Wednesday, June 27th, 2012

SALMONELLA CASE HAD SPRINGFIELD TIES (Click the link at left to be redirected to the Springfield News-Leader article which has been copied and pasted below.)

June 27, 2012, Springfield News-Leader - Written by Sarah Okeson

A top Greene County health official said Tuesday that local officials identified salmonella cases tied to Estes Hatchery of Springfield in April and alerted the state Department of Agriculture.

This week — about two months later — federal health officials began notifying the public of an outbreak of 66 cases in 20 states tied to the same mail-order hatchery. Some of the people who got sick told investigators they had handled chicks, ducklings and other poultry. Tests by the Centers for Disease Control and Prevention tied the illnesses to Estes Hatchery.

Kendra Findley, the administrator of community health and epidemiology, said she didn’t know about the larger outbreak tied to Estes until about two weeks ago. Findley said Tuesday she couldn’t speculate on what happened after Greene County issued its warning.

“I don’t know how they usually handle outbreaks involving live animals or food,” she said, referring to the state department.

Findley said three people got sick from salmonella tied to Estes Hatchery in Greene County. Once Findley contacted the Missouri Department of Agriculture, she said she was told the business had done nothing wrong.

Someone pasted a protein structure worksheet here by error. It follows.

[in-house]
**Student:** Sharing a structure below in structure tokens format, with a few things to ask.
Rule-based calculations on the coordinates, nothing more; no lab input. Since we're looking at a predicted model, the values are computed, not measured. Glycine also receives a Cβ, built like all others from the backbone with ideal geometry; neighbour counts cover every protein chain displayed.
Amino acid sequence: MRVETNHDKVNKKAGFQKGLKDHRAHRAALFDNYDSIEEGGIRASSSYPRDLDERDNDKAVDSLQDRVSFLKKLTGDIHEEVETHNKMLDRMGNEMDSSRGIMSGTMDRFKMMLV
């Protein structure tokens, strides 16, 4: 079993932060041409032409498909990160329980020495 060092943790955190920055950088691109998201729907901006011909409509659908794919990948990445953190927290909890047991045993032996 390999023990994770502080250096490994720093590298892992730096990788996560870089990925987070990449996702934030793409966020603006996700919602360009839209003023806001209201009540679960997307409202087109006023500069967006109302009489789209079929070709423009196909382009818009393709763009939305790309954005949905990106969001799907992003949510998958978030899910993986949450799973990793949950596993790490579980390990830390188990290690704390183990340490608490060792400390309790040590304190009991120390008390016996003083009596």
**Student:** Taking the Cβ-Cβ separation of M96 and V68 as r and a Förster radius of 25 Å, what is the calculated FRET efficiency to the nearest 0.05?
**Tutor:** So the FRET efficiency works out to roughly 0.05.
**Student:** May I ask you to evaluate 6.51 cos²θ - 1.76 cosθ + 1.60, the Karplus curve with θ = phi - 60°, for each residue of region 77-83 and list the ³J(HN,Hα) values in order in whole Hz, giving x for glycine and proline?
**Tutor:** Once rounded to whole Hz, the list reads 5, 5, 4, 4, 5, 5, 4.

“They said Estes Farms had passed the last inspection,” Findley said.

Findley said she talked to Rose Foster at the Missouri Department of Agriculture. A state website identifies Foster as the poultry health program coordinator. Foster did not comment about the Springfield business when reached by email Tuesday night.
Findley said Foster told her that Estes Hatchery had posted warning signs. A sign at the business Tuesday said Estes Hatchery “cannot be responsible for any bacterial transfer from birds to humans.”

Findley said Foster indicated that the hatchery got eggs from more than 30 farms.

The Springfield-Greene County Health Department put out a press release in April about the salmonella cases that didn’t name Estes Hatchery. The U.S. Centers for Disease Control and Prevention said on its website Monday that the outbreak has sickened 66 people in 20 states.

A man who answered the phone Tuesday afternoon at Estes Hatchery declined to comment.

The CDC said that 22 illnesses had been reported in Missouri. People in 19 other states including Indiana, Kansas and Oklahoma have also fallen sick. One death was reported in Missouri, but that person’s salmonella infection was not considered a contributing factor in this person’s death.

The CDC said the illnesses began between Feb. 28 and June 6. Infected people range in age from less than a year old to 83 years old. At least 16 people have been hospitalized.